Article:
Recently I submitted a minor correction for one of my papers – it was literally adding an image attribution to one of the figure captions, but I had to submit the ‘paper’ through the normal submission process and (you guessed it!) name reviewers! And yes, I wrote friends’ names down, because it was so ridiculous (wish I’d thought of Beyonce). 🙂

    Liked by 2 people

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  4. Juan Corley

    I totally agree with you Steve here. My approach is very similar. As and editor myself I often find suggestions made by the authors to be very useful, especially with those manuscripts that deal with topics I’m less acquainted with. A match between some from the list, with others can work really well. So I do delay my “mate” (sorry no beer here) for later, and spend some time checking the right boxes in the journal’s website…and suggest my students to think about reviewers before submitting their work. I mean, it takes a bit of work to write a good paper…so some more time spent in this, seems to me of little importance…at least compared to “formating” a paper or coming up with graphical abstract…upon submission!

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  5. Pingback: Como sugerir revisores e editores para um manuscrito – Sobrevivendo na Ciência

  6. cinnabarreflections

    I may not be quite as structured as you, Steve, but I find suggestions helpful, particularly when the manuscript is a bit marginal to my own area of interest. Having more information about each would be even better, but I have rarely seen that. I never use all suggestions, but will use anywhere from zero to two, depending on circumstances. The journals I have been subject editor for (Environmental Entomology, The Canadian Entomologist, and Journal of the Entomological Society of BC) all have lists of editors that you can consult. The EE was good as you could search on keywords, but often it comes down to searching for suitable experts by various means.
    On a related issue (another post, perhaps), how do you handle a request to NOT use a particular reviewer?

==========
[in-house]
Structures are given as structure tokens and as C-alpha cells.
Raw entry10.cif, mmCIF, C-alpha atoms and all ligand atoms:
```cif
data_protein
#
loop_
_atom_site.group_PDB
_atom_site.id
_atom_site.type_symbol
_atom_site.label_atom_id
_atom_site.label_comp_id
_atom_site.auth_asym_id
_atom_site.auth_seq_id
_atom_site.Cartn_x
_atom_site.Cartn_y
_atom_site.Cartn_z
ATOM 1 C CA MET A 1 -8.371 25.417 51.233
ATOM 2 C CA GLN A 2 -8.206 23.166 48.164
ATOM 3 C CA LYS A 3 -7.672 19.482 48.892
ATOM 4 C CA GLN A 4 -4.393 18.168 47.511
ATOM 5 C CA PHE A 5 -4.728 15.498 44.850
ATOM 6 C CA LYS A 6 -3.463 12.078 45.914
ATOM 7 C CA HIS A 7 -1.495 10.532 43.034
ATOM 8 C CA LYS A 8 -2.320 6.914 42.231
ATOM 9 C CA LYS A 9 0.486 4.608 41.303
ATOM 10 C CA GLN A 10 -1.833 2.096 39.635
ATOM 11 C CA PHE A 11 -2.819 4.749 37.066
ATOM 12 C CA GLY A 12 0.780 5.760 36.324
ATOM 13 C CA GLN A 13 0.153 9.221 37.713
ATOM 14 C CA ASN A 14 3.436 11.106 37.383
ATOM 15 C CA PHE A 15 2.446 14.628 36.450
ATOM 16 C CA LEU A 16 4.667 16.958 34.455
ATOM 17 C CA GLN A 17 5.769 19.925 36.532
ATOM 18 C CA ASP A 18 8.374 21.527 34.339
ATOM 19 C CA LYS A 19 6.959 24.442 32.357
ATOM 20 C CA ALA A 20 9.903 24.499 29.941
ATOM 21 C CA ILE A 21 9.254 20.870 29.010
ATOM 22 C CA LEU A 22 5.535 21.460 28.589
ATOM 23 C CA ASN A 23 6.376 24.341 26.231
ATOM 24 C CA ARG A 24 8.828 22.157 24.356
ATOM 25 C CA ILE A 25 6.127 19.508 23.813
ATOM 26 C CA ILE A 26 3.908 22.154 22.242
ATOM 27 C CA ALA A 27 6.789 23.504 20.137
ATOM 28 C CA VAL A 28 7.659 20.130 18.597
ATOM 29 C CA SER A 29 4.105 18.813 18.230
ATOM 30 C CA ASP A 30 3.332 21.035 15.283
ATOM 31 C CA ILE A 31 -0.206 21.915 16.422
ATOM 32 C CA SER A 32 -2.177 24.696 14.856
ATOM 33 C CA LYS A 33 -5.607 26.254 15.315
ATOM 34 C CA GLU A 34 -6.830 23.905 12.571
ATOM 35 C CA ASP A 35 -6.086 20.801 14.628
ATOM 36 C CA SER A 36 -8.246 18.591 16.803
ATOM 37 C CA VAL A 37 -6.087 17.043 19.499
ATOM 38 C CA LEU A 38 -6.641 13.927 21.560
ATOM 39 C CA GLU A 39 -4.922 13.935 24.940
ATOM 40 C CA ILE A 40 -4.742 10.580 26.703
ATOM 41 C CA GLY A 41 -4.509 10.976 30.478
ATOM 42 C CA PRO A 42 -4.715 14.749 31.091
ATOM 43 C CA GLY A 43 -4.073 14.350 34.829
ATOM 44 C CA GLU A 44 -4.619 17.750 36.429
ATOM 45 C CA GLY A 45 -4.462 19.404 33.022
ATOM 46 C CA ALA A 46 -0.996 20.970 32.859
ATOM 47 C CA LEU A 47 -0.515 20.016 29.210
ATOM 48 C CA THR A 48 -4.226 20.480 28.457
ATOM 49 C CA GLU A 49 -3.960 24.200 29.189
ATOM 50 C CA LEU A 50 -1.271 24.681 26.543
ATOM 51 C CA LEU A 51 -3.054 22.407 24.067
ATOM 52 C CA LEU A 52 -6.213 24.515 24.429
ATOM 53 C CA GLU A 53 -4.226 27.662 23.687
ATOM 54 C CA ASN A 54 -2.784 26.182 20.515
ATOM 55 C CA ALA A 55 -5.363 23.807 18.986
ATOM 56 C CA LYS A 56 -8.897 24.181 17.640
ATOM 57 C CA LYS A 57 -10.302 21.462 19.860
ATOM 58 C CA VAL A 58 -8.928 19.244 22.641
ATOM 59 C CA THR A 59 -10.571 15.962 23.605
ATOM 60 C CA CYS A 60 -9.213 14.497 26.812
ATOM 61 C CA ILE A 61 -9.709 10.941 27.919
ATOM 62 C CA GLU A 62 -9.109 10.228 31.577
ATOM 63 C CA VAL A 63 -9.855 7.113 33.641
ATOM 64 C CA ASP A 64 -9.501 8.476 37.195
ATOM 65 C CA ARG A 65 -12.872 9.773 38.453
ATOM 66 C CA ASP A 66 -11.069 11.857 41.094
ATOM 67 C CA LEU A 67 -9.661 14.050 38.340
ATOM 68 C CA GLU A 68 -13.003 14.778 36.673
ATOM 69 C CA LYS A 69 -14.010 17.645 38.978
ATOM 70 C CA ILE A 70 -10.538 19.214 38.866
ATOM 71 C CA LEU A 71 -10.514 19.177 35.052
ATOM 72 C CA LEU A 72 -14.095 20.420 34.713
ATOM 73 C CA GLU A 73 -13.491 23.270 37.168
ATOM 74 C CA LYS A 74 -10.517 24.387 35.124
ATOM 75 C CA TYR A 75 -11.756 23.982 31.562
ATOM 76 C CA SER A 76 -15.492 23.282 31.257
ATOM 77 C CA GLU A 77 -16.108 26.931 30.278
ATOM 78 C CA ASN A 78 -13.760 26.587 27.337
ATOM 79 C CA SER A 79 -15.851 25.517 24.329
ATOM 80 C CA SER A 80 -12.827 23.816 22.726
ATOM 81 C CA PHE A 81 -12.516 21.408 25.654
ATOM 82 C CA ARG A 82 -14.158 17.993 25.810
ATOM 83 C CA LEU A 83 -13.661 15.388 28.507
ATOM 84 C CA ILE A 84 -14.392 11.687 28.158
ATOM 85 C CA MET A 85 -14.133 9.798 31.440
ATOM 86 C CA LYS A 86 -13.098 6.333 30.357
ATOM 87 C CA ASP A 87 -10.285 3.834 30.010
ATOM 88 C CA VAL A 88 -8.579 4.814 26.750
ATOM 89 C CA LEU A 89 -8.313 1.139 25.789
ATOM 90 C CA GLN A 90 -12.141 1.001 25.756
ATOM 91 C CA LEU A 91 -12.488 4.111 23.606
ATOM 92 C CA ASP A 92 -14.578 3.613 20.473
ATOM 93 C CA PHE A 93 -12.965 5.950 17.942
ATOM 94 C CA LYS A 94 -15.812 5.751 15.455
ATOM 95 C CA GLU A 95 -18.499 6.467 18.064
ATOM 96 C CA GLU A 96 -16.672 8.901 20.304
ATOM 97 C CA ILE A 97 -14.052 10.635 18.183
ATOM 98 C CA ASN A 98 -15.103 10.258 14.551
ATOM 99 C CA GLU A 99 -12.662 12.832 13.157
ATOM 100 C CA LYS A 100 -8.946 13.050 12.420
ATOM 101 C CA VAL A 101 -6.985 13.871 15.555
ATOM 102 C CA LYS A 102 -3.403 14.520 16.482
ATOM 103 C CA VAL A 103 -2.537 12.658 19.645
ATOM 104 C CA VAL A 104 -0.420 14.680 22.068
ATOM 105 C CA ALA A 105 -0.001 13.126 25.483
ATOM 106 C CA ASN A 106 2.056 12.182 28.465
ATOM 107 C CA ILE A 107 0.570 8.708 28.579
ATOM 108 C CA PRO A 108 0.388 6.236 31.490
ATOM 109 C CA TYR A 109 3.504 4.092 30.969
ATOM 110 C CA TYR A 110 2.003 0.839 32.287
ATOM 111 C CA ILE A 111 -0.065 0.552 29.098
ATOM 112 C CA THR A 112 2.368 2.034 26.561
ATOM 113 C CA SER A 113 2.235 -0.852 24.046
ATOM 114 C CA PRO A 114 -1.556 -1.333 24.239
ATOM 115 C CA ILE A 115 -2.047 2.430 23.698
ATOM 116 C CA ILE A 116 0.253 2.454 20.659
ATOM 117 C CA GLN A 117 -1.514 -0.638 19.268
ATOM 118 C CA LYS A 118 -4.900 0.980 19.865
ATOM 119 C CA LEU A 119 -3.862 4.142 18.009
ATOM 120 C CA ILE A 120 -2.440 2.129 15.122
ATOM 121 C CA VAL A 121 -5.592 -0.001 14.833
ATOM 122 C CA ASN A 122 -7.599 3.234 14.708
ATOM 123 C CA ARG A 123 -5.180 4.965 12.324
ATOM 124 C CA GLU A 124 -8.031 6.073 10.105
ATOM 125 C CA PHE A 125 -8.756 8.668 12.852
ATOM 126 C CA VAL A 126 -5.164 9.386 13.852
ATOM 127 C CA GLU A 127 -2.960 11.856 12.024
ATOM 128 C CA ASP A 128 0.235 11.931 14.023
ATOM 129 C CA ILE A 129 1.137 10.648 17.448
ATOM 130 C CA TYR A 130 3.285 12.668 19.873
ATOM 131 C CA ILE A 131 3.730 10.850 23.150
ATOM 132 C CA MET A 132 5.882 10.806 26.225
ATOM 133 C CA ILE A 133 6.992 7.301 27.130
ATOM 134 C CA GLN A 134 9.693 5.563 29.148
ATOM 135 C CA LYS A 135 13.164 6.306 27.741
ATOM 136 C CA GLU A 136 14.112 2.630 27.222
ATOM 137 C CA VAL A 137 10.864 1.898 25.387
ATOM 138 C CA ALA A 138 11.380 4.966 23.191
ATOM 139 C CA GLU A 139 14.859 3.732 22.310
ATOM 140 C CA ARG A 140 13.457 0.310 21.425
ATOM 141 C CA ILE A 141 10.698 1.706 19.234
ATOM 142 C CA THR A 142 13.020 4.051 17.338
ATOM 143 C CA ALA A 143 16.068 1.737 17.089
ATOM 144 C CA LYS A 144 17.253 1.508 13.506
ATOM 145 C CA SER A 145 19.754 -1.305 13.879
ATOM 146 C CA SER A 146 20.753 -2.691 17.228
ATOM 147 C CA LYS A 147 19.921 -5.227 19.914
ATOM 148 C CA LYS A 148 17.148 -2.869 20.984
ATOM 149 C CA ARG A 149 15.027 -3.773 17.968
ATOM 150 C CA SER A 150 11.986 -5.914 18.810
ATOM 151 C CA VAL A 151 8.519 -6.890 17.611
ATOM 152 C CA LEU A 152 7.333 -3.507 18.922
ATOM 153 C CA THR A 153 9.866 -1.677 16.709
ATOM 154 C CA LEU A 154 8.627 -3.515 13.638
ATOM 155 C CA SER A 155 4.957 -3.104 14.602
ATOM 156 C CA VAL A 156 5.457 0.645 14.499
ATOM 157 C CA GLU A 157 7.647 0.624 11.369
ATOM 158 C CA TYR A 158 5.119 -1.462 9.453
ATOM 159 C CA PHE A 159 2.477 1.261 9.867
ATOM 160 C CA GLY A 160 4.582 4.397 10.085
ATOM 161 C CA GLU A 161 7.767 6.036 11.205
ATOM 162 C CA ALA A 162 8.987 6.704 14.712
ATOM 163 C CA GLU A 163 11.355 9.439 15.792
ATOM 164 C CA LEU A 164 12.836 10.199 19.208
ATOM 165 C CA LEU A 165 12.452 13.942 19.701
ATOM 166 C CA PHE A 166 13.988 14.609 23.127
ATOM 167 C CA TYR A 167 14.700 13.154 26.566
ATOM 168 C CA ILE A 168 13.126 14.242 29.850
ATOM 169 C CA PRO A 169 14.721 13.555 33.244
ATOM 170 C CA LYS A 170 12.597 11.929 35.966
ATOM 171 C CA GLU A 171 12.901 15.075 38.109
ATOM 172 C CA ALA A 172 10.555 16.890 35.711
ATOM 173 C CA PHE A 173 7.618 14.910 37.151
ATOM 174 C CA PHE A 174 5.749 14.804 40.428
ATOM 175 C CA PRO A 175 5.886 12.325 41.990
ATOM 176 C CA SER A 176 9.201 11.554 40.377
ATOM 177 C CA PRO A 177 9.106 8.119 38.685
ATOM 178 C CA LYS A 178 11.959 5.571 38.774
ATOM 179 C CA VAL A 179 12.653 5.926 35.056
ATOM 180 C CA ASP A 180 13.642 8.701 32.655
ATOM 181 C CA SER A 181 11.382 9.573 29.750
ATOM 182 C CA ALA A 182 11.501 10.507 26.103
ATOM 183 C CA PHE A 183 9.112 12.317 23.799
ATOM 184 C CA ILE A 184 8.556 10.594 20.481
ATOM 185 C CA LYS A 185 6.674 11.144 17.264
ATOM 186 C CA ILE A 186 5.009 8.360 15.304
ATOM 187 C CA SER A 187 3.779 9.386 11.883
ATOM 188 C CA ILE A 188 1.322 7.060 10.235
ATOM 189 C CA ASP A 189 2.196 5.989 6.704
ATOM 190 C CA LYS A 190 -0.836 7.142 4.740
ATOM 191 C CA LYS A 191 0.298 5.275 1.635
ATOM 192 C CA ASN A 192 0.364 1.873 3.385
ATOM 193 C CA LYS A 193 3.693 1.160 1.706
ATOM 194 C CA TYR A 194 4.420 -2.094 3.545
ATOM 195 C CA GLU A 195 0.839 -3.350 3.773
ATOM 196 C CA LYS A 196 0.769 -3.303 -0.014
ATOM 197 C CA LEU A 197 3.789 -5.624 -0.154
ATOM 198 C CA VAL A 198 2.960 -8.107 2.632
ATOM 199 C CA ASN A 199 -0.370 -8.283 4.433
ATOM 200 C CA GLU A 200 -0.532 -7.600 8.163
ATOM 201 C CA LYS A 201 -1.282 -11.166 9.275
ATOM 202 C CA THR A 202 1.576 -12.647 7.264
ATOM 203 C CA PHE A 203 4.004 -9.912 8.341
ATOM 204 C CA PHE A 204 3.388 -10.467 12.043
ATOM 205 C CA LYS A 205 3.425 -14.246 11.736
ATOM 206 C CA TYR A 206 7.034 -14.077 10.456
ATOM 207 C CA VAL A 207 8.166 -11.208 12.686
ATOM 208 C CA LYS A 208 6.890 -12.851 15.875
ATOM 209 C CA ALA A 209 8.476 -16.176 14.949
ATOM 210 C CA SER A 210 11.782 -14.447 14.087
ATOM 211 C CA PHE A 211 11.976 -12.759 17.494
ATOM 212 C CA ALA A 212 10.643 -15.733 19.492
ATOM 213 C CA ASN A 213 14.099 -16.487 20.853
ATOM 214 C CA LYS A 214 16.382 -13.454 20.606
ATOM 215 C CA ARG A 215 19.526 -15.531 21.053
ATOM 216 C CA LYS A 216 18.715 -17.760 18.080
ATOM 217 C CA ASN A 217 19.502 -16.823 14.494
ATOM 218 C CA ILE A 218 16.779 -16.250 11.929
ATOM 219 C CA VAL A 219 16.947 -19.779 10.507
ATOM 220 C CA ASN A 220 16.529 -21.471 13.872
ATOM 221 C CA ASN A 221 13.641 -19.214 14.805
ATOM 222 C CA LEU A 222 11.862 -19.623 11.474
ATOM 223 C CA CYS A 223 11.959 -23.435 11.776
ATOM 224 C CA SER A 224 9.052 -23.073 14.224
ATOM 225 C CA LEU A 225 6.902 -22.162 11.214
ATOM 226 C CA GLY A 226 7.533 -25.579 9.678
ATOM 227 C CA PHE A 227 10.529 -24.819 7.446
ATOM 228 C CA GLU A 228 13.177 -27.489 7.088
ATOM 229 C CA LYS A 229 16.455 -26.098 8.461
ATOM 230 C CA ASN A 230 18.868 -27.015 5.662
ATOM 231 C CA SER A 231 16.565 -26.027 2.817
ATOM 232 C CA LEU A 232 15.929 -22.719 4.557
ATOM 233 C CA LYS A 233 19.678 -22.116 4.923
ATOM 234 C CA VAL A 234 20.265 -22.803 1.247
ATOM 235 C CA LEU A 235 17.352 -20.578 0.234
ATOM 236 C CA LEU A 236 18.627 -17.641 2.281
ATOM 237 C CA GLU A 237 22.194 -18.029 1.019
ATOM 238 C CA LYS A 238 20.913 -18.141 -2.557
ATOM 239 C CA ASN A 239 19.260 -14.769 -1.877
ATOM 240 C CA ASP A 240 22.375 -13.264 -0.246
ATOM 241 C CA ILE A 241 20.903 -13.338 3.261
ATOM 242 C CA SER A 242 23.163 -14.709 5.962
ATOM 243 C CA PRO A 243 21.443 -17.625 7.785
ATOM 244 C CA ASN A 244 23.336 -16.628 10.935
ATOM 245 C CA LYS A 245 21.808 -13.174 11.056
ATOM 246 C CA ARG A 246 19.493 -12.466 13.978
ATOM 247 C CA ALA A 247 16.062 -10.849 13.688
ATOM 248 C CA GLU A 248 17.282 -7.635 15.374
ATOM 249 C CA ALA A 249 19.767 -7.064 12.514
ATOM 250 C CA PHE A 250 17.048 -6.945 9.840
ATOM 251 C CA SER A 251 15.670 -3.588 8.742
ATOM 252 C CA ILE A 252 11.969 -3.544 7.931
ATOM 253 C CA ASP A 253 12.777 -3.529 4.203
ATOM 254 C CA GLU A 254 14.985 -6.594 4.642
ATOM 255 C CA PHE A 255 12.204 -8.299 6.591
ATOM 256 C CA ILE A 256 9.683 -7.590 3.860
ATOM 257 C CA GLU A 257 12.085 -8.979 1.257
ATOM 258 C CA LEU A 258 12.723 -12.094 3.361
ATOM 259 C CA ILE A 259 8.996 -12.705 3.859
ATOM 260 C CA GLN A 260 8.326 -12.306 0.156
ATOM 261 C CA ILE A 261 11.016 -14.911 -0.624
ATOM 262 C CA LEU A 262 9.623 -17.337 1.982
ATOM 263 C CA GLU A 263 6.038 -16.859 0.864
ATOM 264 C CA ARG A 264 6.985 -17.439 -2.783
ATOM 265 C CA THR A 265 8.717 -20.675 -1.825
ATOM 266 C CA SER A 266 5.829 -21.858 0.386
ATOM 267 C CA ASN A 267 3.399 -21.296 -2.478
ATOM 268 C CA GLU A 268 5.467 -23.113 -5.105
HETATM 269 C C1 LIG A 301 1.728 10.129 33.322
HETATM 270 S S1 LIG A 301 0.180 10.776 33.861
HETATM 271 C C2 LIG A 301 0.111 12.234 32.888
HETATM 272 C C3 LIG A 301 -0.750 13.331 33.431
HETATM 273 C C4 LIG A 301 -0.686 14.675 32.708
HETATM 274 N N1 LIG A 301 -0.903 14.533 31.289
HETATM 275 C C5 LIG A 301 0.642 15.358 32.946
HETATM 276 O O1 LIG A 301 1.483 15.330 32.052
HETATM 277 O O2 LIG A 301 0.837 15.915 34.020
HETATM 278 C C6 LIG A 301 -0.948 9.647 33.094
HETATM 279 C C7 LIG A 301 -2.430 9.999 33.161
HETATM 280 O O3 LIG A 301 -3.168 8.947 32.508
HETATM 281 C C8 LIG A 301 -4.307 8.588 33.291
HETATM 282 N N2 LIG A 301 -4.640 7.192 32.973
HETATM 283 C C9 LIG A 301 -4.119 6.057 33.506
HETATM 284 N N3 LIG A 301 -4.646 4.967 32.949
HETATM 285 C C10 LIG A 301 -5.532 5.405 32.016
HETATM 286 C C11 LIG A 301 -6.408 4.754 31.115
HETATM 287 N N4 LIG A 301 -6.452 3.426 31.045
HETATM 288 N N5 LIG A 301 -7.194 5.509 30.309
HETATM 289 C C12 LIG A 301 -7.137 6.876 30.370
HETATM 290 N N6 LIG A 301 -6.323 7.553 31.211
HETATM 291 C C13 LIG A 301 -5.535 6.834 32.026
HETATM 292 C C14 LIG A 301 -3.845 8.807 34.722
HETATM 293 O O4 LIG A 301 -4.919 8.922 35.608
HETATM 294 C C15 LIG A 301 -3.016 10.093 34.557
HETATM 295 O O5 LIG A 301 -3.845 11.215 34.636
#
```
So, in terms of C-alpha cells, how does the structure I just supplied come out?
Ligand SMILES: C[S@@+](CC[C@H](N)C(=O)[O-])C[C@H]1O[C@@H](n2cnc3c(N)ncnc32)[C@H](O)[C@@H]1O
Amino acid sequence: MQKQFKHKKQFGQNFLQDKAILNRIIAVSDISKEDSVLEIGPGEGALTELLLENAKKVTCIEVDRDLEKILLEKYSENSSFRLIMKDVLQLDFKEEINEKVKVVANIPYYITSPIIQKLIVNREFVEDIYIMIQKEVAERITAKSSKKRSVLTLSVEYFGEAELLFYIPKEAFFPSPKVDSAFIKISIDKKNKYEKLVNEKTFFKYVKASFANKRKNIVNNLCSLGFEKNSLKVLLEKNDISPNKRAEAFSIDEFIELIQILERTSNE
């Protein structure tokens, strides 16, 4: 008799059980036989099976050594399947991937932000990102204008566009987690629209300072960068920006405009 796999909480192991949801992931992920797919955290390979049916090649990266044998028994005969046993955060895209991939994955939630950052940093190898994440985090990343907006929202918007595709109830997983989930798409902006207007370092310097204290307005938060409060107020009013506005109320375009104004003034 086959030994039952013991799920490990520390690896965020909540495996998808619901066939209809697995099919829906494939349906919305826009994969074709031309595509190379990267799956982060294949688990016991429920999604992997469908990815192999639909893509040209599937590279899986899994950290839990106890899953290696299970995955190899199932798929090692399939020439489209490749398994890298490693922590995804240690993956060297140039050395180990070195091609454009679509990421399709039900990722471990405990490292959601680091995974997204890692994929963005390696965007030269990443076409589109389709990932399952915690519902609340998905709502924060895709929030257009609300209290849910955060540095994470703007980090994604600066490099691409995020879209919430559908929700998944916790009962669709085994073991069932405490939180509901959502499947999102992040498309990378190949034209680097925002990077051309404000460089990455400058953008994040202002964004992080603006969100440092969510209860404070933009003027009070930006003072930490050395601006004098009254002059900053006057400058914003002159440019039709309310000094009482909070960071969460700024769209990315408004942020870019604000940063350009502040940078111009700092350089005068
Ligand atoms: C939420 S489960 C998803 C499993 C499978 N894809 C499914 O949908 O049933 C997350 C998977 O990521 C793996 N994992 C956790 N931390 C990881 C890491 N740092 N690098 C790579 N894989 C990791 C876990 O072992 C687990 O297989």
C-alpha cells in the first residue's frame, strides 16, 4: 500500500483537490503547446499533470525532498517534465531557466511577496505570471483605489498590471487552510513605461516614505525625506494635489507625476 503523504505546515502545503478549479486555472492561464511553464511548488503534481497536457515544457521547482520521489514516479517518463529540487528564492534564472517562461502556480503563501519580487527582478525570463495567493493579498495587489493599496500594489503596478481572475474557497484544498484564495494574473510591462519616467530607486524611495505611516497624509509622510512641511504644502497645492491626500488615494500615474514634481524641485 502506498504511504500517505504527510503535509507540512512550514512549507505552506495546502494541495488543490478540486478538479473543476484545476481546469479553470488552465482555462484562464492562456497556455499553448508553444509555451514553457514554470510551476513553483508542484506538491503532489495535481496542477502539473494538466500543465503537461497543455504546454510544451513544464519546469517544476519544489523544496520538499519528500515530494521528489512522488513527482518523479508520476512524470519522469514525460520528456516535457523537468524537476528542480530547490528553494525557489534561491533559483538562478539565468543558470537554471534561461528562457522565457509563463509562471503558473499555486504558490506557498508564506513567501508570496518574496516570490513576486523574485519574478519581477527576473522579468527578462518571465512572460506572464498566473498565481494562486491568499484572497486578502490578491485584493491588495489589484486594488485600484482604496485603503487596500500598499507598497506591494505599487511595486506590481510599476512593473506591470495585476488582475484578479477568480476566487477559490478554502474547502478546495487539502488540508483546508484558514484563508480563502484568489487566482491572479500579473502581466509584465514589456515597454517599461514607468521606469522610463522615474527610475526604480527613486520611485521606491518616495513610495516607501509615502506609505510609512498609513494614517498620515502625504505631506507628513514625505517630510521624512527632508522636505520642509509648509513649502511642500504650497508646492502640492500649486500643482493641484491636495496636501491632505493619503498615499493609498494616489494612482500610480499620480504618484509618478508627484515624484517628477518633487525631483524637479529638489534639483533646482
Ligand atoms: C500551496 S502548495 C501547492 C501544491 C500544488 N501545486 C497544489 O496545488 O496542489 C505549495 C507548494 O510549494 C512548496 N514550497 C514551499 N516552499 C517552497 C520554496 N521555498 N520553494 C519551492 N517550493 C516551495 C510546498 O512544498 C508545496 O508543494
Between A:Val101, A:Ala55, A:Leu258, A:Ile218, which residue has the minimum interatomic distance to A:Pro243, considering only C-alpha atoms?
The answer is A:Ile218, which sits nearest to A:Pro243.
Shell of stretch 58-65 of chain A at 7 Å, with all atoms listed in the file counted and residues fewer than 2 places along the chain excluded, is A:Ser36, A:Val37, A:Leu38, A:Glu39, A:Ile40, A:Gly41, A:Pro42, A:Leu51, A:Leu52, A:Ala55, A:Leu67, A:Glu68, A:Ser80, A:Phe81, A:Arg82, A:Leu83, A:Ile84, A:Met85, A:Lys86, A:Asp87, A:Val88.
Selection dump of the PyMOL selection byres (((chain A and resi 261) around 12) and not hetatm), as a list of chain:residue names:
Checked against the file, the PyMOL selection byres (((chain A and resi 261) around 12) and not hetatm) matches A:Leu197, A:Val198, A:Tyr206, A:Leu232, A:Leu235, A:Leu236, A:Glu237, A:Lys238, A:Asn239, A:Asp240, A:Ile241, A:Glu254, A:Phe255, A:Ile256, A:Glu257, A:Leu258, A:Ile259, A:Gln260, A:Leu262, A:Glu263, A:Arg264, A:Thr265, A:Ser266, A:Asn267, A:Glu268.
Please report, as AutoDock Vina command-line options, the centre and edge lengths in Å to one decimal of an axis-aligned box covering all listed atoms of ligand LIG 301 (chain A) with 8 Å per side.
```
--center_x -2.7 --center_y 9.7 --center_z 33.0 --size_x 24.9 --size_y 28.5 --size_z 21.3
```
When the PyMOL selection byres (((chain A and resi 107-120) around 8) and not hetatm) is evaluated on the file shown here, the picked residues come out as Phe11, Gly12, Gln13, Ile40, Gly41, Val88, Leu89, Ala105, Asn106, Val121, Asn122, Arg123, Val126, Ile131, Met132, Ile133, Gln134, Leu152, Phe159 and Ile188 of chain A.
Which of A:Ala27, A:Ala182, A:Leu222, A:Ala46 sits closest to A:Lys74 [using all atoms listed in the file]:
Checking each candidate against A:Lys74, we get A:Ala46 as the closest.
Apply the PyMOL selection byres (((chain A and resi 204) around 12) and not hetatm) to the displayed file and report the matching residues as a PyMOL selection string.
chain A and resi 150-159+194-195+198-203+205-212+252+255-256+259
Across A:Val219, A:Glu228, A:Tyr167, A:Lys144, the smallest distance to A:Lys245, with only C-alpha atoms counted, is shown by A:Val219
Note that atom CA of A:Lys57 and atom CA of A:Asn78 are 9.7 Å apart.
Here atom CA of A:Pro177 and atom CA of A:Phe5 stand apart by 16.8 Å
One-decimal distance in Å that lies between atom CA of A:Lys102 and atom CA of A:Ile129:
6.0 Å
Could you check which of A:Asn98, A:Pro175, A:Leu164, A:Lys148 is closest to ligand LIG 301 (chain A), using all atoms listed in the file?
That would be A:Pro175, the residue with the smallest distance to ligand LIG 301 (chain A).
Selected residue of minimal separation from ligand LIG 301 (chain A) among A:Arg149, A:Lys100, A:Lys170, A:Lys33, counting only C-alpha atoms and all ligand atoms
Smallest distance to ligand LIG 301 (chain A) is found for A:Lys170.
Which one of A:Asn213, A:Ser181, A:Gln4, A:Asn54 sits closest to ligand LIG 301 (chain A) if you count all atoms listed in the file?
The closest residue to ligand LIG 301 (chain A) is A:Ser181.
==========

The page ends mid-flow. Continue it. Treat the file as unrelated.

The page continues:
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      1. Chris Mebane

        I was thinking about that too with this post, from my perspective as an AE for a journal that uses the ScholarOne manuscript handling system. It is structured so that opposed reviewers are automatically queued up right alongside the suggested reviewers for the editor to invite at the click of a mouse*. Yes, there is text saying whether the reviewer is Recommended or Opposed, but it’s subtle and easy to overlook. The fact that the software queues up opposed reviewers for invitation boggles the mind. I presume it’s just lazy coding

        More generally, why list opposed reviewers? If it’s a large enough field, why draw them out and clue in the editor that there’s someone in particular who doesn’t like the work or the person? If it’s a narrow field and there’s a likely reviewer with prejudice or enmity towards the work or the authors, then opposing reviewers may be needed, and I would include a measured, brief explanation in the cover letter. I wouldn’t say too much, as confidentiality in the peer review process is not guaranteed.

        One situation I object to is when an author writes a piece that is highly critical of the work of others, and then asks that the subjects of their criticism be excluded as reviewers. Seems like a dodge. The last time I encountered that (a list of 9 opposed!) I wrote back to the author saying that their request was unreasonable and asked whether they would agree to my inviting an opposed reviewer for balance or if they would prefer to send their article elsewhere.

        Unfortunately, an author just doesn’t know what an editor will do with listing an opposed reviewer. I don’t know how often I see opposed reviewers listed, but it’s uncommon at my journal, fewer than 1 in 10. I would think hard before listing opposed reviewers.

        * I don’t know about other systems, but ScholarOne is set up so that mouse-click editors can handle a manuscript from initial review to acceptance without ever touching a keyboard.

        Liked by 2 people

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        1. ScientistSeesSquirrel Post author

          Thanks, Chris! And look for a post on opposed (disfavoured) reviewers this week. And since I hadn’t thought of the scenario in your third comment, I’m going to add it in (and credit you) – I agree, that’s NOT an appropriate use of a disfavoured reviewer list.

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  7. Pingback: The list of disfavoured reviewers: who should be on yours? And will an editor heed it? | Scientist Sees Squirrel